This past Sunday, we celebrated All Saints’ Sunday, the day on which we remember those who have gone on before us who reflected back a little bit of the image of God to us and helped us understand what it meant to be a Christian.
For me, one of those people is my grandfather, Earl. He was the silent servant when I was growing up. He was always willing to fill in at church as an usher. When the church fair booth opened every fall, you’d find him at the fryer in charge of serving up our famous onion rings. He owned a TV and VCR repair shop my whole life and was always fixing things for people, usually at a much lower price than they’d get elsewhere. And if their TV couldn’t be fixed, he often had a used one he’s sell them for less than the usual repair cost they were expecting. He truly had a heart to serve.
Those who know me in person, know that I’m a big fan of Dr Pepper. I’m one of those people who will drink it instead of a morning coffee. Papa knew this, and I would often come home from school to a grocery bag with a 3-liter bottle of Dr Pepper hanging on the front door knob that he dropped off on his way home from the store. He taught me how to serve others with even the smallest actions, brightening their day or even going unnoticed altogether.
Whether or not it was his intention, he showed me a bit of Jesus, the Human One whose life and sacrifice we remember at the communion table, this week glowing with the two dozen candles lit by the people of Sacred Place to honor the saints in their lives.
As a church planted out of the closure of an historic church, we have a lot of saints in our history who made it possible for us to create Sacred Place. The saints who founded the San Dimas Union Church and paid off the building’s debt over the years. The saints who had the vision to create that first place where all people were welcomed regardless of their background. The saints who greeted people at the door, making a name tag for them so that they felt like they were part of the family.
It makes me sad that the people who join us in creating Sacred Place won’t get to know those saints from our history. Yet, they’ll get to experience them as we live out being people of justice, inclusion, and family. They’ll live on as we share stories of how they made us who we are. The wisdom they imparted is reflected in our actions, how we reflect the image of God to others.
One of my professors in seminary taught us that our job as leaders in the church is to be weavers of narrative. We must take our own stories, and add them to the stories of our people, weaving into them The Story forming a new story filled with a future hope. A hope for a world that might be. It’s not just a story our origin, though that’s profoundly important, it’s not just about why we exist, but about who helped us become who we are. Telling the story of me, with the bigger story of us, with the even bigger story of the Gospel, brings hope.
As a way of responding to this celebration of the saints, I invited those who were gathered to share a story of the saints in their lives. Post a picture with a story of how that person showed you Jesus, how that person reflected the image of God to you. Telling these stories begins to paint a picture of who we are. This small action shares the blessing we have received with others. Isn’t that what we’re called to do? Bless others out of the abundance of blessing in our own lives?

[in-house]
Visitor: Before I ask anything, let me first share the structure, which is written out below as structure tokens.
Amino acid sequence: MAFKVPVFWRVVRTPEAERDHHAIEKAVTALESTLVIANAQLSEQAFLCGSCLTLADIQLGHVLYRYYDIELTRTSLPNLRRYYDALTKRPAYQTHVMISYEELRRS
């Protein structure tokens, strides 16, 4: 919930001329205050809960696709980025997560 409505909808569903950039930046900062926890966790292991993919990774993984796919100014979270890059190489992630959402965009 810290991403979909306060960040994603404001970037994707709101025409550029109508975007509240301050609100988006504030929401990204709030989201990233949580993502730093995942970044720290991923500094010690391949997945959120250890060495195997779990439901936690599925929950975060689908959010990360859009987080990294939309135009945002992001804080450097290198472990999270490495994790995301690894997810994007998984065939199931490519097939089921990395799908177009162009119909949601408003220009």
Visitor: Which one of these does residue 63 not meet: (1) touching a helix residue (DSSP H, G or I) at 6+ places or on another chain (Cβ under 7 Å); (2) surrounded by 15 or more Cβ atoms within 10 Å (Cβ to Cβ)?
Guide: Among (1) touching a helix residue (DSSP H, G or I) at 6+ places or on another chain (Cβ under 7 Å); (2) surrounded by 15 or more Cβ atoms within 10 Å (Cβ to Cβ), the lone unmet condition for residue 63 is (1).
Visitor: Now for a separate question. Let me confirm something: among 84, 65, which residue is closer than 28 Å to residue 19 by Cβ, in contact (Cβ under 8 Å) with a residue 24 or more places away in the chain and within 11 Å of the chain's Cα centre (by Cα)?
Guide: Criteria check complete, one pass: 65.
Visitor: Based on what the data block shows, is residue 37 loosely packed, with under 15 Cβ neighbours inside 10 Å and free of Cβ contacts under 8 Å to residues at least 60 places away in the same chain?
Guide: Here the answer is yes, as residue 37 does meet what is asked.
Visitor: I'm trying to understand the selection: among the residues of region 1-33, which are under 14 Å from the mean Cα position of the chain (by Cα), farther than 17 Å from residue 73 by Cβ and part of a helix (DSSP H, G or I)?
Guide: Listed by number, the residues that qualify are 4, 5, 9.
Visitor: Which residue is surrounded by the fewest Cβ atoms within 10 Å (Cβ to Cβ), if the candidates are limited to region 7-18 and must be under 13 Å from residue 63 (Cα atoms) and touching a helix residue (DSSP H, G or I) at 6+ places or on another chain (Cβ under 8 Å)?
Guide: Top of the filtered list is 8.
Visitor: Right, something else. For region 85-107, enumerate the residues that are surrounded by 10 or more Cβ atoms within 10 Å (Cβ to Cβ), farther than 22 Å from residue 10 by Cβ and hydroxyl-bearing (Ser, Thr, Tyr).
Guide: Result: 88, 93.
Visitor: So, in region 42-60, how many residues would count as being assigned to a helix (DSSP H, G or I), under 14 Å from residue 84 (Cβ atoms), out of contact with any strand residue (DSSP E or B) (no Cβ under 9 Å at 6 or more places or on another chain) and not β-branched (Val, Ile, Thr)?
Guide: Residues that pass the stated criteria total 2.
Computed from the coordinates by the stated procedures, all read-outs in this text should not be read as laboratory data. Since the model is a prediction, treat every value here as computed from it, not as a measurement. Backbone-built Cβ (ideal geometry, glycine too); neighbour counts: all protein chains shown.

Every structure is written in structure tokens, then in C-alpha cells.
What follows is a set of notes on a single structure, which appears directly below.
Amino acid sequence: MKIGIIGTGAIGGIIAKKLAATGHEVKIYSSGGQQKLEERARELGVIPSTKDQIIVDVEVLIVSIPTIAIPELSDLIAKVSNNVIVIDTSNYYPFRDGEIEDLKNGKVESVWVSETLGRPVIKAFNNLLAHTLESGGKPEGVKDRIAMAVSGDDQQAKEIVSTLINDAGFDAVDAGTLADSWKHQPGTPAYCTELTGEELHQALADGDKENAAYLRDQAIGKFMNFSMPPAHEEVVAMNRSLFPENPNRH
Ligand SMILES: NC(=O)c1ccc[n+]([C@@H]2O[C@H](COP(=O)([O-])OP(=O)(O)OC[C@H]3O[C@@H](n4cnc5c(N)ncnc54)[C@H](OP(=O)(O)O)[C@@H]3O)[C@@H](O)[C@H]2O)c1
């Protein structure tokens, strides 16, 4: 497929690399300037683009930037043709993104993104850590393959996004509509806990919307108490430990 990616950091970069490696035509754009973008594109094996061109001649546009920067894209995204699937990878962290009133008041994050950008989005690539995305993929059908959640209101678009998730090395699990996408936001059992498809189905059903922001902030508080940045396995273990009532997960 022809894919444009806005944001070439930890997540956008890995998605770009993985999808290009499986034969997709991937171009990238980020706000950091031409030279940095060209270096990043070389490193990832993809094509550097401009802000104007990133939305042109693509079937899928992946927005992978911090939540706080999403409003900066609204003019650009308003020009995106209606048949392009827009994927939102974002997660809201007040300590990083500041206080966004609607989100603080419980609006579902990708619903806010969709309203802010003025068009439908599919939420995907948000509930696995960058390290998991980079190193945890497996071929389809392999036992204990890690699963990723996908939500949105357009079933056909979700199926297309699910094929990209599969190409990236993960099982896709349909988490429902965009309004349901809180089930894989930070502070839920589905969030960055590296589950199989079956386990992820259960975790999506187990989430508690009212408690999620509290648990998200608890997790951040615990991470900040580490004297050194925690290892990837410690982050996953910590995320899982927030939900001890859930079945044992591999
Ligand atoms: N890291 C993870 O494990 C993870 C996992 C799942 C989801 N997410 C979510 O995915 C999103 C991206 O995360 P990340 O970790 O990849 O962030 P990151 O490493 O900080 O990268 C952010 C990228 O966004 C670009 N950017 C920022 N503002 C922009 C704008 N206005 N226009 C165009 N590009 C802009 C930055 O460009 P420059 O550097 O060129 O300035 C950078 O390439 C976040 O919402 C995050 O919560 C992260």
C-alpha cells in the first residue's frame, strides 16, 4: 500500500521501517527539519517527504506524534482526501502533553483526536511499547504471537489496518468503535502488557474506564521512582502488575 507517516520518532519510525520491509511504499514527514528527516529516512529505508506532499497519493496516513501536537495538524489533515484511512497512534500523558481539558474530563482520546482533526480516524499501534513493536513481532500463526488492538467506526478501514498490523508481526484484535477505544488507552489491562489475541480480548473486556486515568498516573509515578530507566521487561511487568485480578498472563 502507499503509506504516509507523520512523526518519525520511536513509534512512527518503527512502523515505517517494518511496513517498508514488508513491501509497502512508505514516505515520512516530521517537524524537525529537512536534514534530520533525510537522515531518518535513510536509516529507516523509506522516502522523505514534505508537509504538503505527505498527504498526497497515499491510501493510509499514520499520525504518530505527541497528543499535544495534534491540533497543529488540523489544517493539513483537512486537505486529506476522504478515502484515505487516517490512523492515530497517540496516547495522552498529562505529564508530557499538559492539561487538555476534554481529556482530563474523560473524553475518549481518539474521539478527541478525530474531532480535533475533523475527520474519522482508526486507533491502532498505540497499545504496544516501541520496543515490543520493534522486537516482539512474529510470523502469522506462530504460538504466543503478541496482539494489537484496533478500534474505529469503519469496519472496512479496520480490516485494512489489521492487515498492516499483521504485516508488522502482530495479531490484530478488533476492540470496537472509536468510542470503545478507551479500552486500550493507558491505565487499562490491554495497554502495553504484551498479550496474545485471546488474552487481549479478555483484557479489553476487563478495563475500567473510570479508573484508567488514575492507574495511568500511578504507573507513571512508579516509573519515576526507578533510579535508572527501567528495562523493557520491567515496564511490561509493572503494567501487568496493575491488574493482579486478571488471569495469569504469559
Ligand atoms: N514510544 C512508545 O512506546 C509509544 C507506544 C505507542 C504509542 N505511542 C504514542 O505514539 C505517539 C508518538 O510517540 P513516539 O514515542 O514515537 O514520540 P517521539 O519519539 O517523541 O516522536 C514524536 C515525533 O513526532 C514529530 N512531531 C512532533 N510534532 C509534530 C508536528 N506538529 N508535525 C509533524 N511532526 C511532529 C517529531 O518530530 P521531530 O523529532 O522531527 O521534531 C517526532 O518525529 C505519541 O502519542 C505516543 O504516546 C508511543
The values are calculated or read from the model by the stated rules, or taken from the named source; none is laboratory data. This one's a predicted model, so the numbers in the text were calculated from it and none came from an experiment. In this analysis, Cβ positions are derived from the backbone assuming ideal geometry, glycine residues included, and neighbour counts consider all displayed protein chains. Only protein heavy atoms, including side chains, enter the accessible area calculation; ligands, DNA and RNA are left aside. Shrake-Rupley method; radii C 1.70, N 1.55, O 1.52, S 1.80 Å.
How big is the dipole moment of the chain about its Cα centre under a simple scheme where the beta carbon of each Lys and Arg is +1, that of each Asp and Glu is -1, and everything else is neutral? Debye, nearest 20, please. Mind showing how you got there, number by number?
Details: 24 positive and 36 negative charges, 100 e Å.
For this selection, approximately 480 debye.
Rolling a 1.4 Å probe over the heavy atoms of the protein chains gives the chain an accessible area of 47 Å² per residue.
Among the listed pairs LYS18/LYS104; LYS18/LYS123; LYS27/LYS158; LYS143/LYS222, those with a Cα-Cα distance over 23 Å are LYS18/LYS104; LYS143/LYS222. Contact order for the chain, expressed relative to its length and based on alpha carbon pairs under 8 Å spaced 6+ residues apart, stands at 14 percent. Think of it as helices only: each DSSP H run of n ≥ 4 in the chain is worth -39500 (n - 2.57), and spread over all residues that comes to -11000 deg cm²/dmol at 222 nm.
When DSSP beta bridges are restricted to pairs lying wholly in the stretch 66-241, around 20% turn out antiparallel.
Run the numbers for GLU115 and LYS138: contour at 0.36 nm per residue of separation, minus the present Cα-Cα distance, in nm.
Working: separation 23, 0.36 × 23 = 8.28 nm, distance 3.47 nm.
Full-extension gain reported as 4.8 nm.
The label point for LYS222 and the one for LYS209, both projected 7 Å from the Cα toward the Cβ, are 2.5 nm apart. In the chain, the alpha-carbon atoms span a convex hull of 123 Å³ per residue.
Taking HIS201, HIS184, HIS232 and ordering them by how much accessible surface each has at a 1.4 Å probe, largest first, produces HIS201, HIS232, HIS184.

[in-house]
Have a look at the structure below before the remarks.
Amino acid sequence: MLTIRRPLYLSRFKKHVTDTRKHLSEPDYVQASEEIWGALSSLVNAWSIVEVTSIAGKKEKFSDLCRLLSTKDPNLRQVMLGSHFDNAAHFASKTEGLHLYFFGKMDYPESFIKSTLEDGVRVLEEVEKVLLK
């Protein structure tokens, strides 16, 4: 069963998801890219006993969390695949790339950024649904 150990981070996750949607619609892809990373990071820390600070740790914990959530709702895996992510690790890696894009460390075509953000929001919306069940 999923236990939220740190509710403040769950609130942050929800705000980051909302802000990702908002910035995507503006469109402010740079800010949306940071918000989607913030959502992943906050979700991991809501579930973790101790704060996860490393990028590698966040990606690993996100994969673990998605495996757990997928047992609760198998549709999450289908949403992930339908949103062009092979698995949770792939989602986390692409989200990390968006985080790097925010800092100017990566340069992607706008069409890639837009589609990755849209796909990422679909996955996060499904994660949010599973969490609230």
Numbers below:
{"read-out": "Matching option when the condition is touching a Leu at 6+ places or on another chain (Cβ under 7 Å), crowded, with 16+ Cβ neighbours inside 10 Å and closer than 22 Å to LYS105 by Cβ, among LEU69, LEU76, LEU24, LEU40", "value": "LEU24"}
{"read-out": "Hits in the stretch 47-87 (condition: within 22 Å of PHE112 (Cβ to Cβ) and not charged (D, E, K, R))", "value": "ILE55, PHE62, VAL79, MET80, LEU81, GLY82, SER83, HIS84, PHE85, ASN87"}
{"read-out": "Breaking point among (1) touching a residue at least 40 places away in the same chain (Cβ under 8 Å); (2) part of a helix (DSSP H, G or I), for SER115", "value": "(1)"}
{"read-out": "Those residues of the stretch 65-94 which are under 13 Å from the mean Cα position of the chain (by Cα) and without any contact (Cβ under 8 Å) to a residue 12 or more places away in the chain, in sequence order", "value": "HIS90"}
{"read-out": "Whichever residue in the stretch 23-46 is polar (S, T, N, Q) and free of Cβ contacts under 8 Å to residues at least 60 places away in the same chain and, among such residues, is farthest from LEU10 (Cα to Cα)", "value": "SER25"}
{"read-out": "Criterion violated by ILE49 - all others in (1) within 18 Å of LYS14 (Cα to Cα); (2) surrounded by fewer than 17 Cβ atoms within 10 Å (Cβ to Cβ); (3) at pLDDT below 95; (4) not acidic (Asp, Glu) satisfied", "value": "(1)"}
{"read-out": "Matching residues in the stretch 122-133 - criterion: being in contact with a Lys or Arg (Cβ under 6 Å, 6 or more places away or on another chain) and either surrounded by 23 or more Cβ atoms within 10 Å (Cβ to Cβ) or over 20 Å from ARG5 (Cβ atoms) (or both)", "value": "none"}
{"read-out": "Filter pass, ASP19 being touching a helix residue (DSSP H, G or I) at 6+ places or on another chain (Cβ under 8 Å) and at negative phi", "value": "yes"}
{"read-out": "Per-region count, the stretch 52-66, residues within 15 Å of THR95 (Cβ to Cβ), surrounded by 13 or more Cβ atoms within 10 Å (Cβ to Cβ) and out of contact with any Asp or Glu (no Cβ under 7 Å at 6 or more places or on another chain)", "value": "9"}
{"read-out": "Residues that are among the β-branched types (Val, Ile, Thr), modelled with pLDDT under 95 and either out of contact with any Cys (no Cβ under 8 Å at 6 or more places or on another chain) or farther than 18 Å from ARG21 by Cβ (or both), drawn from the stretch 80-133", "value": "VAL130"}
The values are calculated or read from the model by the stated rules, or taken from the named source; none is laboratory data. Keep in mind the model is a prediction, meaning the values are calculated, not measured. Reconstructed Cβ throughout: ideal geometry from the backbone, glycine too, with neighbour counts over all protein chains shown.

Sharing those stories must really become second-nature. When I was in film school, we always talked about having an elevator pitch of your great idea for a film or tv script. In much the same way, we have to be able to share why we are creating Sacred Places for those who need them. Sure this sounds a lot like traditional evangelism, sharing the story of your salvation. But the why shouldn’t be about a salvific transaction to avoid eternal damnation, but instead a story of a world that could be. A world where there’s a seat for everyone at the table.
Our stories matter. For stories inspire, and they paint a picture through words of the world we long to see. A world we believe can be. I truly believe that we are created to tell stories, I mean look at the way we consume the narratives of film and television. They resonate with us because in them we find ourselves. We see the human experience in all of its messiness and allows us to imagine the change for which we hope. Stories allow us to believe that our deepest hopes can come true. For that reason, we have to get better at telling our own stories. Not just because they are rooted in reality, but because they can inspire others to join us. To walk with us as we work to make our dreams a reality.
I pray that you might be brave. That you might find a way to share your story with someone else. It doesn’t have to be on a public forum like social media. It can just be with a friend or even a stranger. It’s only through sharing our stories that we can bring light to the darkness of our world. A world where people are told their stories don’t matter. Every story matters.
I would love to hear your story, whether in person, through an email or video, or however you want to share it. I invite you to be part of the Sacred Place story, creating a just world where ALL are included in the family of God. When you can, help others find their voices. Whatever story you have to tell, it’s a good one, one that will bless others. Go, tell it. For this is your Sacred Place.